After listening to quite a few other female voices such as Cesária Évora’s Collection and Niamh Dunne in Beoga Live at Stockfisch Studio, it became evident that the S16’s warmth is perfectly fitted for female singers with maybe only a slight tapering in vocal pronunciation. The wide selection of filters came to the rescue, and especially on hi-res files, I found myself switching from slow to sharp ones, thus tuning the end result to my preferences and system. For older analog recordings, the sharper ones offered a bit more detail while for those infested by too much sibilance, especially “loudness war” era ones, the slower filters mitigated the deleterious distortion.
Going through a recent “top something” list of modern Jazz groups, I stumbled upon the Canadian trio BadBadNotGood and their mesmerizing album III. “Can’t Leave the Night” is a blend of hip hop and free jazz, an instant classic for my library, and apart from the musical content, helped immensely in delineating soundstage and bass extension of the S16. Alexander Sowinski on drums and Chester Hansen on bass go in deep and hard with sub 30Hz content, and the 12’ woofers on my ATCs loved every second of the track; neighbors, despite my soundproof floor, maybe not so much …. A small hump is evident in the lower two octaves where the DAC offers a bit more loose energy than what can be found on the recording. Soundstage was a palm behind the imaginary line connecting the two speakers with good depth and clear instrument positioning.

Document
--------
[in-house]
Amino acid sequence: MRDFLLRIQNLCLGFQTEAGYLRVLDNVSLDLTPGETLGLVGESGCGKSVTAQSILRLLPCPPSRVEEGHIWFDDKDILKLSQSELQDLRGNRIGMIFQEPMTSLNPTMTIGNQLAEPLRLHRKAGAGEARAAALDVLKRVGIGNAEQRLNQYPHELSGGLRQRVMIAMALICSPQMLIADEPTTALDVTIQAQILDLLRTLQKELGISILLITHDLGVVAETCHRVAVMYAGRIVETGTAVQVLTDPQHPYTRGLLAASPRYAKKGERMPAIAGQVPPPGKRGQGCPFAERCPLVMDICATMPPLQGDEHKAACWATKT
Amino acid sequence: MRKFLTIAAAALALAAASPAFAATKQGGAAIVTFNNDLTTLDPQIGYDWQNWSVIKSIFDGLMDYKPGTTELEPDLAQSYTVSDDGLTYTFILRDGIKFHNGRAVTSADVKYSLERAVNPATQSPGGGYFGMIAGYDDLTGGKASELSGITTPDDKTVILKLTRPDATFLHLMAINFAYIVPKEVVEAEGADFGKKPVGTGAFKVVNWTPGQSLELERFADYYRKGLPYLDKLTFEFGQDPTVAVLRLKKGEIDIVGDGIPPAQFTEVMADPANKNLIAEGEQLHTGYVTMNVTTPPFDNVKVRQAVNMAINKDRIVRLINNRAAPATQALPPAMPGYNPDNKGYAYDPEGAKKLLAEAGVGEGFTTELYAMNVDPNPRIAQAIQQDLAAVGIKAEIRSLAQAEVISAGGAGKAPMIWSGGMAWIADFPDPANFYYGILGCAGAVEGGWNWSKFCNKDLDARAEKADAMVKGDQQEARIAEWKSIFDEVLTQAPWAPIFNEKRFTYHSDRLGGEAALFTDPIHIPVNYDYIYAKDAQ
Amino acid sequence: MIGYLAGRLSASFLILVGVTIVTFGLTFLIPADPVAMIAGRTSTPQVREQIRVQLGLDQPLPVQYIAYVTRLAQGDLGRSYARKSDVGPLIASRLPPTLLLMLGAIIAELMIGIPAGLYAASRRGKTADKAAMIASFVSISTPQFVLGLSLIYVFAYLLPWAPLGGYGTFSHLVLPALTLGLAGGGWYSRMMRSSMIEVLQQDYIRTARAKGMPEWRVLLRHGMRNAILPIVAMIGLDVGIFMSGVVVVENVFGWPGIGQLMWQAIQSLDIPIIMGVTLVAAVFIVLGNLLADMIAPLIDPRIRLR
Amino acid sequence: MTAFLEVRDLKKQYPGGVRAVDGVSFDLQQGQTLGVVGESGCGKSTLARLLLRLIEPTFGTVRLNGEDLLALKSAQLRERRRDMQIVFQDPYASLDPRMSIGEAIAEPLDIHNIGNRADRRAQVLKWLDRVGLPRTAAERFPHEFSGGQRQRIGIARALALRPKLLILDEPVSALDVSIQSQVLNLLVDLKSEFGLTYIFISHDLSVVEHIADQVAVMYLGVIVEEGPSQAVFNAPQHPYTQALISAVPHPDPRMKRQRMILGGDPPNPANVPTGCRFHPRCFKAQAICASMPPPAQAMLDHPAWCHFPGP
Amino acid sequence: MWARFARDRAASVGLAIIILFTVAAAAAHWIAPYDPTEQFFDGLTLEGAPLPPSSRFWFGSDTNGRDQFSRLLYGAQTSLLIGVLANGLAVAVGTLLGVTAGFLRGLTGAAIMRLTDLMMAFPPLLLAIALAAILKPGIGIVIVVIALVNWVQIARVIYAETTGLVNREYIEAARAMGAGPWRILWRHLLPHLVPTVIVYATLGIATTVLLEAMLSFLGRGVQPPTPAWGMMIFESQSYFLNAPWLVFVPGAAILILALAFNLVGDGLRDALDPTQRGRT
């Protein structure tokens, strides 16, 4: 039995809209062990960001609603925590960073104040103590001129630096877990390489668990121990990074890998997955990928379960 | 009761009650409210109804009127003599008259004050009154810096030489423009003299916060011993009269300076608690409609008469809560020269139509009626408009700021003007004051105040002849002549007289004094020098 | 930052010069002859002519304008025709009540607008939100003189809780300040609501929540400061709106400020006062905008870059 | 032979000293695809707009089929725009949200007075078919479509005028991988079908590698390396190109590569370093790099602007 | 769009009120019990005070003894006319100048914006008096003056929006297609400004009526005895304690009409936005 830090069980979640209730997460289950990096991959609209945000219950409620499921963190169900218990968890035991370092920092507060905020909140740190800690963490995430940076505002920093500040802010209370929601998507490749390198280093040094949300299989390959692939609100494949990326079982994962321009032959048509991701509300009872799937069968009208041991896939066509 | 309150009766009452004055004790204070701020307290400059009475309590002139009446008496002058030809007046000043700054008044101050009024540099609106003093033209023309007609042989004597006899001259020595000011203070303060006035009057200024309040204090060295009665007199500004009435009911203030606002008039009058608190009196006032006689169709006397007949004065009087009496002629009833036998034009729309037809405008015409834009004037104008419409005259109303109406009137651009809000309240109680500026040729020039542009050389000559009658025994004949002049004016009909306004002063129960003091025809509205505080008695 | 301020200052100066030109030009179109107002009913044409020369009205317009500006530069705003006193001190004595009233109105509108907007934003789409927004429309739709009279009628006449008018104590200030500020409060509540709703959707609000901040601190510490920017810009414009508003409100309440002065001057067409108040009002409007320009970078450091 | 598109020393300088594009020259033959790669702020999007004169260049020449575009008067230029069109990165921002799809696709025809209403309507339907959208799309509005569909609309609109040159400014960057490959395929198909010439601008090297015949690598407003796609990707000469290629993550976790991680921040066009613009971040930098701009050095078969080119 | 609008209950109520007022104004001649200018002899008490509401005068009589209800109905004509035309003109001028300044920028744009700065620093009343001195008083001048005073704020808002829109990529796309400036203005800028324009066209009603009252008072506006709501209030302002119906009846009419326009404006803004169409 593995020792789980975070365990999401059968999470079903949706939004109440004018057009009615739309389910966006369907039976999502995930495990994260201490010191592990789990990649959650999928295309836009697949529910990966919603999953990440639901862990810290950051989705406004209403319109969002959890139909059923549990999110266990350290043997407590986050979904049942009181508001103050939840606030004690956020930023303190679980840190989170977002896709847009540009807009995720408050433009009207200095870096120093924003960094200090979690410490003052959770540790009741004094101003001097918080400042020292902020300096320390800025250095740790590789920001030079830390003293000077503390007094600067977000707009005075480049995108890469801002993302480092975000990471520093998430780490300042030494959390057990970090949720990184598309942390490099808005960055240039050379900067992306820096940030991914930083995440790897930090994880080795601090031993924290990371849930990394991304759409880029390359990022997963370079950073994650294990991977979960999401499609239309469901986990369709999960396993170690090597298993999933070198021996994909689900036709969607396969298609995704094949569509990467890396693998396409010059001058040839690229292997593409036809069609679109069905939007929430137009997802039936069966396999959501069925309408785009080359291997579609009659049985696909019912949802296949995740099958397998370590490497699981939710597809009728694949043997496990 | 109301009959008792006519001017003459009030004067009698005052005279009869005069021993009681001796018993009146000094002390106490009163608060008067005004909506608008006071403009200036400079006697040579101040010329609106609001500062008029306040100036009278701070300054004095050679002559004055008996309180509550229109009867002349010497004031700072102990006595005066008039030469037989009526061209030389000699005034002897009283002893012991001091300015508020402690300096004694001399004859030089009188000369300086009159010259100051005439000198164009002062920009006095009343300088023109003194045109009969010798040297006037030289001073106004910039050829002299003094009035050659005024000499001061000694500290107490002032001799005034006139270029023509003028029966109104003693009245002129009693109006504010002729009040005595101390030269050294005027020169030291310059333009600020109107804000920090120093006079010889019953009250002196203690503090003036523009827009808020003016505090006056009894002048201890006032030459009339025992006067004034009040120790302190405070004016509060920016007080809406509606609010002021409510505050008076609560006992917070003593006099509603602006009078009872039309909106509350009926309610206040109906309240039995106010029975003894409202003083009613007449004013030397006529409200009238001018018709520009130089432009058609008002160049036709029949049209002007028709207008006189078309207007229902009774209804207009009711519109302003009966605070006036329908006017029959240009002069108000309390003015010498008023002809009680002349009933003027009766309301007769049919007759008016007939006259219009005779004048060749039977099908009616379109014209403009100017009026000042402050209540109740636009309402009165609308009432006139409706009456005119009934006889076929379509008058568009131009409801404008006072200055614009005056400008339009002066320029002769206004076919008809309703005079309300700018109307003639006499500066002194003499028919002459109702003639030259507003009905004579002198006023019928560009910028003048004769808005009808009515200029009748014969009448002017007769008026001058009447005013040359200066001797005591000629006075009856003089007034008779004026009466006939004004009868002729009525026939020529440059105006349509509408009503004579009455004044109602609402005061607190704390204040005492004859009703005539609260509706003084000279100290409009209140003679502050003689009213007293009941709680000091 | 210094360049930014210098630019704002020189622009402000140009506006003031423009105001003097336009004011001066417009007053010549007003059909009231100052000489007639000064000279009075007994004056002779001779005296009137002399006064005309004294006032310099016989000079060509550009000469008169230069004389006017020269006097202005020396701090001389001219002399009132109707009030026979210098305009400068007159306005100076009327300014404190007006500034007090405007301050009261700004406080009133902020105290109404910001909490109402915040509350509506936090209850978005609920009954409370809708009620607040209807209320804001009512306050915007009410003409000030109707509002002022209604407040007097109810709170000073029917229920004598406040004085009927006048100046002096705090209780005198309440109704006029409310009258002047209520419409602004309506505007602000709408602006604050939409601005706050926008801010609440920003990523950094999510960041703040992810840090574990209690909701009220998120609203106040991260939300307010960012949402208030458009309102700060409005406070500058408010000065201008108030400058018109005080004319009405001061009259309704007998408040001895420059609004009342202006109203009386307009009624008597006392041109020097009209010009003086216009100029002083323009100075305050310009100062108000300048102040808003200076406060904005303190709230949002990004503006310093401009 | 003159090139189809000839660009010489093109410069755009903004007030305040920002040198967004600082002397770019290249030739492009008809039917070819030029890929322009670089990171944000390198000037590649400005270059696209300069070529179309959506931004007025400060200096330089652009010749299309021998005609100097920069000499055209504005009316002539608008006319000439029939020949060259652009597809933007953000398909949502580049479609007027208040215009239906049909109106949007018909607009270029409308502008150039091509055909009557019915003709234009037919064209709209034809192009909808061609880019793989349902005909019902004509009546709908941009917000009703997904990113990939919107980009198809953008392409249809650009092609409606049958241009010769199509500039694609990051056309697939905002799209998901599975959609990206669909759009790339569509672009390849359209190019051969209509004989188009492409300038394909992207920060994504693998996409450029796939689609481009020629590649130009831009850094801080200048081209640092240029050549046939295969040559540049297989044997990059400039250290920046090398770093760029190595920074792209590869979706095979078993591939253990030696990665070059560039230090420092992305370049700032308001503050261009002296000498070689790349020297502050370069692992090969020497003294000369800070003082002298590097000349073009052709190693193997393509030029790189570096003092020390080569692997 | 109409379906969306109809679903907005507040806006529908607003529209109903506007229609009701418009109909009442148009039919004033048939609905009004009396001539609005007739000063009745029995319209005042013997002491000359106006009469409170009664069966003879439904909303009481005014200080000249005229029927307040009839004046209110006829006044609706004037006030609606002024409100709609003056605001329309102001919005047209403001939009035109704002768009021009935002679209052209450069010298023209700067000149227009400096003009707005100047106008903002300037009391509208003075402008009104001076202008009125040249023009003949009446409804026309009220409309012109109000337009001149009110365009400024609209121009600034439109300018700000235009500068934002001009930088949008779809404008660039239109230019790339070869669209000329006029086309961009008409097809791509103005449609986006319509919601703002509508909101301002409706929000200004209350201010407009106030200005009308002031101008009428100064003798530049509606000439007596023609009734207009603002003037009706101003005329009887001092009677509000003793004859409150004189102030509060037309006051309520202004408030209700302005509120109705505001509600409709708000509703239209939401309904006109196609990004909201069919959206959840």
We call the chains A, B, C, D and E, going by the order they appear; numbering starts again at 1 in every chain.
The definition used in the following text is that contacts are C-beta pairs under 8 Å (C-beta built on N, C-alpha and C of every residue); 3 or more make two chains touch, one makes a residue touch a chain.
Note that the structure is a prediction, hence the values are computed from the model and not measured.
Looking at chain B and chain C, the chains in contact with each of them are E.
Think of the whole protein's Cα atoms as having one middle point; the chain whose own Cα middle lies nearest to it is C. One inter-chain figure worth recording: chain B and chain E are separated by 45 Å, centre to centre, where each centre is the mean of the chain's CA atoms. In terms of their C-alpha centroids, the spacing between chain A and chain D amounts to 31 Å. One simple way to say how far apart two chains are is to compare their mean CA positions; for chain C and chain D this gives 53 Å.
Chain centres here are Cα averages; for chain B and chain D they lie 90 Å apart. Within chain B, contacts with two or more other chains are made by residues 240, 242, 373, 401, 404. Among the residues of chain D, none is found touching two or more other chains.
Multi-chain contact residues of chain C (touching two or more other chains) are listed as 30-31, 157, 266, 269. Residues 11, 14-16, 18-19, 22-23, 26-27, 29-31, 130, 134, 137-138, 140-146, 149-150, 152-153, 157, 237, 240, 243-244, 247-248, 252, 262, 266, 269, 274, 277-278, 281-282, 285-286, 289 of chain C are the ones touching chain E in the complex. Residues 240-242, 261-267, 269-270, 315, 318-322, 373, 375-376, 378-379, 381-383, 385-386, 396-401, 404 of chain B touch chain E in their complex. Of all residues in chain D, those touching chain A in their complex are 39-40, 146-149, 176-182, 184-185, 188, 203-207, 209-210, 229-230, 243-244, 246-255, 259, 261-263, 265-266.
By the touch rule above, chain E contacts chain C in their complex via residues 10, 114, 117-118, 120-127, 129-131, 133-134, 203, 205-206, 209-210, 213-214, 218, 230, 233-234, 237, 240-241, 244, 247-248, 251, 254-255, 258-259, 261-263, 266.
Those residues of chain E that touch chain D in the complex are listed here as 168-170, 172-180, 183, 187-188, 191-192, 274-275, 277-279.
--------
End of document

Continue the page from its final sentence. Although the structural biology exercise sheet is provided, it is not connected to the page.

Time for comparisons
Keeping the S16 in-house for several months gave me the opportunity to put it up against many well-known sub $3K DACs which is the target (call them giants) this killer wants to slay. So during the last few months and in no particular order the following converters made it in my place:
The Marantz HD-DAC 1, which never stood a chance against the Aune; it clearly lacked in detail retrieval, soundstage dimensions and sheer impact on the lower registers. I was expecting something more from the Marantz DAC and remained somewhat puzzled by the 90s sound. Digital has done a leap ahead in recent years but Marantz lost the pace.